In the Marble Mountains of Vietnam there is a huge cave known as Am Phu, and deep inside is a re-creation of a Buddhist hell where sinners confess crimes, suffer punishments, and hope to reach heaven’s light.
At the city limits of Da Nang sits a cluster of five outcroppings known as the Marble Mountains. Sculptors once mined their white marble to make Buddhist statues, and while they are still crafted and sold in the surrounding villages, the marble is now imported from China. Each mountain is named for a different element, with the largest and most famous, Thuy Son (the Water Mountain), housing the notorious Am Phu cave.
Discovered in the 19th century, King Minh Mang named the cave Am Phu (Vietnamese for “hell”) to signify a yin-yang dualism: while the mountain’s topside is considered heaven, visitors first pass through subterranean caverns representing hell. Opened to tourists in 2006, the natural rock formations, stalactites, and pitch-dark tunnels are enhanced with frightening figures and altars created by local artists. It is not unlike walking through a haunted house, with surprises lurking around every corner.
Visitors cross a bridge symbolizing the passage from Earthly existence into the afterlife, begining with a hellish realm of man-hungry crocodiles, violent demons, and fanged devils bathed in sinister red light, where hands reach up from the waters below and river monsters threaten to gnash their souls to bits. Once inside the depths of Am Phu, fragrant incense overwhelms the air. At a temple shrine visitors can confess their sins and repent before a marble scale weighs their good and bad deeds. These visions of punishment haunt visitors until, finally, a steep stone staircase ascends to a sunlit opening.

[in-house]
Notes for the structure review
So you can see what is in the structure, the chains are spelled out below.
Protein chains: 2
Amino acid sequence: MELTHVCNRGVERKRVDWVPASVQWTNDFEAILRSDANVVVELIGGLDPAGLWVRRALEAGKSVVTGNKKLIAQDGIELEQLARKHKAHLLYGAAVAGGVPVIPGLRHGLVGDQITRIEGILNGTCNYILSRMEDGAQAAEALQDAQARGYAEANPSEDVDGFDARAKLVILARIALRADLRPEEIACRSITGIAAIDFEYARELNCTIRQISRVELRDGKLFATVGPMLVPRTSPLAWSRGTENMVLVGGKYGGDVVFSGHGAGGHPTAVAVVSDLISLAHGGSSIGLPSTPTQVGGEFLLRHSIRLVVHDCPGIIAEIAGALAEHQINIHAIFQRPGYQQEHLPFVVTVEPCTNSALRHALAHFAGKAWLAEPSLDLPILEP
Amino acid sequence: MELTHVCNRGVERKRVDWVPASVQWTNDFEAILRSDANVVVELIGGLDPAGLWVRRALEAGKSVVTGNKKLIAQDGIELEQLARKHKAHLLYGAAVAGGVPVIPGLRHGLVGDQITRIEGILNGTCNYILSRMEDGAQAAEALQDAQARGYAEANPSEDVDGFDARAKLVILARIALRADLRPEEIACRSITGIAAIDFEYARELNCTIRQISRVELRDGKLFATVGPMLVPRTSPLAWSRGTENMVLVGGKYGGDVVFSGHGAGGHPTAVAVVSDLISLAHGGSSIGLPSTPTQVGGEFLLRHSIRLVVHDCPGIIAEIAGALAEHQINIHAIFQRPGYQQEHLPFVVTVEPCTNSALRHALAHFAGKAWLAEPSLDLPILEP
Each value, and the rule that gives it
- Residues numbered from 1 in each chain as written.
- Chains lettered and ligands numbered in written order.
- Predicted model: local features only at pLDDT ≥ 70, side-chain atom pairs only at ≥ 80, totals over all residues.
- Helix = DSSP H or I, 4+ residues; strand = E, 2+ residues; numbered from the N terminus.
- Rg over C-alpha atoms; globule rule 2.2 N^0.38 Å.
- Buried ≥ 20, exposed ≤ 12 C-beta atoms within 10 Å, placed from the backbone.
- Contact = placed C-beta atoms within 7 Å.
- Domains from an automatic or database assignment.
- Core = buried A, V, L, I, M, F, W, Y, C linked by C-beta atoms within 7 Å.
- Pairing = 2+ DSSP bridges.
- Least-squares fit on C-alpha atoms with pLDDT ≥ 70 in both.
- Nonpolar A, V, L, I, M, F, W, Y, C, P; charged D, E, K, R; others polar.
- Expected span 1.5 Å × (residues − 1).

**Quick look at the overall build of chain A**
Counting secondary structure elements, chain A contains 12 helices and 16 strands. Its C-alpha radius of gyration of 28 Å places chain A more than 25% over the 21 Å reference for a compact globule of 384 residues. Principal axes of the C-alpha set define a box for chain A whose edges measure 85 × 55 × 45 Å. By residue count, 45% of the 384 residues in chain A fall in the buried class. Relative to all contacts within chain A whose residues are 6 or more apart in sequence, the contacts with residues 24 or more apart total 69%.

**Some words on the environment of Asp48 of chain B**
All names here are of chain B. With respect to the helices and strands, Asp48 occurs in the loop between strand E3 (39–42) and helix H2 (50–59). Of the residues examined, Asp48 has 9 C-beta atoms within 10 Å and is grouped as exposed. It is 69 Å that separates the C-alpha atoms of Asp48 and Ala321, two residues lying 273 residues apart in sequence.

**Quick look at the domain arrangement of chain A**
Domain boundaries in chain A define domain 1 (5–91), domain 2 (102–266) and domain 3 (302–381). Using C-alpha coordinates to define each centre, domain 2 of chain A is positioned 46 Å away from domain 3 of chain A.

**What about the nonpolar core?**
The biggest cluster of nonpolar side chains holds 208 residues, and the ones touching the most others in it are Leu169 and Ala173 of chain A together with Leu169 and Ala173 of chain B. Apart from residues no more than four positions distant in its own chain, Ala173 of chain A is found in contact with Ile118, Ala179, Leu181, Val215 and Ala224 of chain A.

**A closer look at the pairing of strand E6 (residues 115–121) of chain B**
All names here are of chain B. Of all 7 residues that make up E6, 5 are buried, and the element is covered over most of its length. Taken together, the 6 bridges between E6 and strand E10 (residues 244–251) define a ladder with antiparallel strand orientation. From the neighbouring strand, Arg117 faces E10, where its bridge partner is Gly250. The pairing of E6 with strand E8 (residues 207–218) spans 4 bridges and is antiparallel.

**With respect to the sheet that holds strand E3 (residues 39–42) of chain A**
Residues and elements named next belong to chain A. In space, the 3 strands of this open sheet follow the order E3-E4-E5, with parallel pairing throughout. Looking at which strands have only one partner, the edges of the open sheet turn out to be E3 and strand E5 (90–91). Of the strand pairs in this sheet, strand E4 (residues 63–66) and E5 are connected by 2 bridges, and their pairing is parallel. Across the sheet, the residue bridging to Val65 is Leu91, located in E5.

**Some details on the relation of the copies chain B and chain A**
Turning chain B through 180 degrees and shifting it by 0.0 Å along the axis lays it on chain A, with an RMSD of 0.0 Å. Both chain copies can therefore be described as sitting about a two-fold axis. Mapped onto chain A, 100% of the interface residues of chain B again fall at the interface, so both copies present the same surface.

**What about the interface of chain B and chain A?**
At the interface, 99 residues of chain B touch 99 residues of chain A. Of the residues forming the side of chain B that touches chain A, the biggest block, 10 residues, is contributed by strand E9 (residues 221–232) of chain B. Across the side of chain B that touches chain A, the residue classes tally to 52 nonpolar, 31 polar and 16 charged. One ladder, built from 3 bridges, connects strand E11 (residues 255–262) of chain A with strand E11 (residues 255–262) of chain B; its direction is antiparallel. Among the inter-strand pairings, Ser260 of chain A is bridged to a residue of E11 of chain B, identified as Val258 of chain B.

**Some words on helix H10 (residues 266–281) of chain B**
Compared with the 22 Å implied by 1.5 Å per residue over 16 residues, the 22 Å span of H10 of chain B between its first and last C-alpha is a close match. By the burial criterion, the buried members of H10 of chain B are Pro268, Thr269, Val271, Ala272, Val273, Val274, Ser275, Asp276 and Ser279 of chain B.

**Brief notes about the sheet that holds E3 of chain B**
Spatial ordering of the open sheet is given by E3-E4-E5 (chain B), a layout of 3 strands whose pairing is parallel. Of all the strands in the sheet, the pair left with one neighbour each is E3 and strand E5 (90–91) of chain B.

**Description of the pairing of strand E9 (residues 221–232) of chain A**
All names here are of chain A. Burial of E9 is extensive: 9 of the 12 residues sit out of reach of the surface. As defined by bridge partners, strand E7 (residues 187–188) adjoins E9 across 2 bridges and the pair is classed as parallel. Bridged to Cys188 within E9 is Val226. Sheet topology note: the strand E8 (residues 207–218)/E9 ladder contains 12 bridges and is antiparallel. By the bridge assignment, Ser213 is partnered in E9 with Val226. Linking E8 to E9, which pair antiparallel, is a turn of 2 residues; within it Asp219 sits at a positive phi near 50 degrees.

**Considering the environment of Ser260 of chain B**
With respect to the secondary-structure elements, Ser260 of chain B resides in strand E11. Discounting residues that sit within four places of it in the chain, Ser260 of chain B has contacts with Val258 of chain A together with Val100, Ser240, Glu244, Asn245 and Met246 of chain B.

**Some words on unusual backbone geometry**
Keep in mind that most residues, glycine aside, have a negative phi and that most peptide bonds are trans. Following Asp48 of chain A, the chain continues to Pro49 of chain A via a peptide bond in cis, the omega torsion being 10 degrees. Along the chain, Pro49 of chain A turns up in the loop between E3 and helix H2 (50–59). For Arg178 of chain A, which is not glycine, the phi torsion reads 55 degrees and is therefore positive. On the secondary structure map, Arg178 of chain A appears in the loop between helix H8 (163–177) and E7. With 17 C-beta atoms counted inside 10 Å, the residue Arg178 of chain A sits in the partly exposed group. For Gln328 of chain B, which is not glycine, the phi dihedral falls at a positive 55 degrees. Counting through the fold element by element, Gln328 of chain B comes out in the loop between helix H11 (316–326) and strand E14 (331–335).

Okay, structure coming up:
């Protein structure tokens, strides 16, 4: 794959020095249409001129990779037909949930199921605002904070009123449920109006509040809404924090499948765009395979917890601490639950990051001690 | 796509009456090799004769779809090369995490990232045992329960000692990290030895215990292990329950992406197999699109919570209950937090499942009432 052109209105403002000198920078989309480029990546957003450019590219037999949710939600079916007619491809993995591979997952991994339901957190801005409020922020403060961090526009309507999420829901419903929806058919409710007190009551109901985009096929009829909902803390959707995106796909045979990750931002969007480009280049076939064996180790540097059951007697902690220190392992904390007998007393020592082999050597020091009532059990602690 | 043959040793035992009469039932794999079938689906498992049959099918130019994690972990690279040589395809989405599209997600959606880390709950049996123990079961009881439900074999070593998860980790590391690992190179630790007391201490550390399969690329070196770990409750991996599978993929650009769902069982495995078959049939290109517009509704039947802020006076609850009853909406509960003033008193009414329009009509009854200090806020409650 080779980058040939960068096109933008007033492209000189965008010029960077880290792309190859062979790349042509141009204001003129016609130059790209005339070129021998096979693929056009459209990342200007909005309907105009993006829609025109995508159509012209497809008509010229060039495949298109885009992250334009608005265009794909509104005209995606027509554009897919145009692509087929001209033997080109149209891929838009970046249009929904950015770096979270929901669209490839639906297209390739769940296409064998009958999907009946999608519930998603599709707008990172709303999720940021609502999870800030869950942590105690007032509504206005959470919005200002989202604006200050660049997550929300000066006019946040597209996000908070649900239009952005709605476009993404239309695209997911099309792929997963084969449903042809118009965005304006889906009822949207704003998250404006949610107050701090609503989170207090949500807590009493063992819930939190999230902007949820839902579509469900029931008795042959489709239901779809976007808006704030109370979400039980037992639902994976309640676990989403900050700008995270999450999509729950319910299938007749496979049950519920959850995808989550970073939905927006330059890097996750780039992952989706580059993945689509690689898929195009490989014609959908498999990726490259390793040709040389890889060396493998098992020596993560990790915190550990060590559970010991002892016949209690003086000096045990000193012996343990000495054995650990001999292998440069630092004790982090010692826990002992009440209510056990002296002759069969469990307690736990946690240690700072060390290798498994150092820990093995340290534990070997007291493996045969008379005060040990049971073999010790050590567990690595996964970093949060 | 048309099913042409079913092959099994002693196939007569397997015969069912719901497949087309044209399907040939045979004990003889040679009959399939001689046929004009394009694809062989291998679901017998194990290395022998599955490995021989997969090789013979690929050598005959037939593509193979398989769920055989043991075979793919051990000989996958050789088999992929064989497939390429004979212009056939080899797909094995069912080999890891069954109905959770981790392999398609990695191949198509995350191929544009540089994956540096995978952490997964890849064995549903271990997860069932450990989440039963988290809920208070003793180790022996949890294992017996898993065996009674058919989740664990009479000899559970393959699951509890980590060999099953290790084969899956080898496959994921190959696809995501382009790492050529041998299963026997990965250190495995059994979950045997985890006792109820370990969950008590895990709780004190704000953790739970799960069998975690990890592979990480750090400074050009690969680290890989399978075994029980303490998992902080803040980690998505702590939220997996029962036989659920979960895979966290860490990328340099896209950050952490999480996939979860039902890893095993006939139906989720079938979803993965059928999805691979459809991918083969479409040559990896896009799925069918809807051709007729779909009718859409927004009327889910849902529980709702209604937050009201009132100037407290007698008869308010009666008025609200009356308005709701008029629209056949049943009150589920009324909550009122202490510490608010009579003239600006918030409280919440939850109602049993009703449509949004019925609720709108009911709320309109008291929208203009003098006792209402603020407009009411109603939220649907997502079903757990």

The climb is no easy path to enlightenment. Infrequent railings, helpful but scary handhold rings embedded in the marble, and the very steep twisting stairs reward one with a grand balcony view and a high sense of accomplishment. But note, it’s a dead end from which you must descend the same, now scarier, route.
Climbing the stairs to salvation isn’t supposed to be easy, but this is where heaven begins—next door, on top of Thuy Son there are more caves, as well as divine shrines and pagodas. There are also reminders of the Vietnam War, including a chamber once used as a Viet Cong field hospital, and a plaque commemorating a Women’s Artillery battalion that was based nearby and destroyed 19 U.S. aircraft. Along with the heavenly shrines and carvings, the yin and yang of war and peace.
Know Before You Go
Take Le Van Hien south and turn left onto Huyen Tran Cong Chua. (Note, Thuy Son is the only Marble Mountain officially open to the public, and not to be confused with Tho Son, the earth mountain)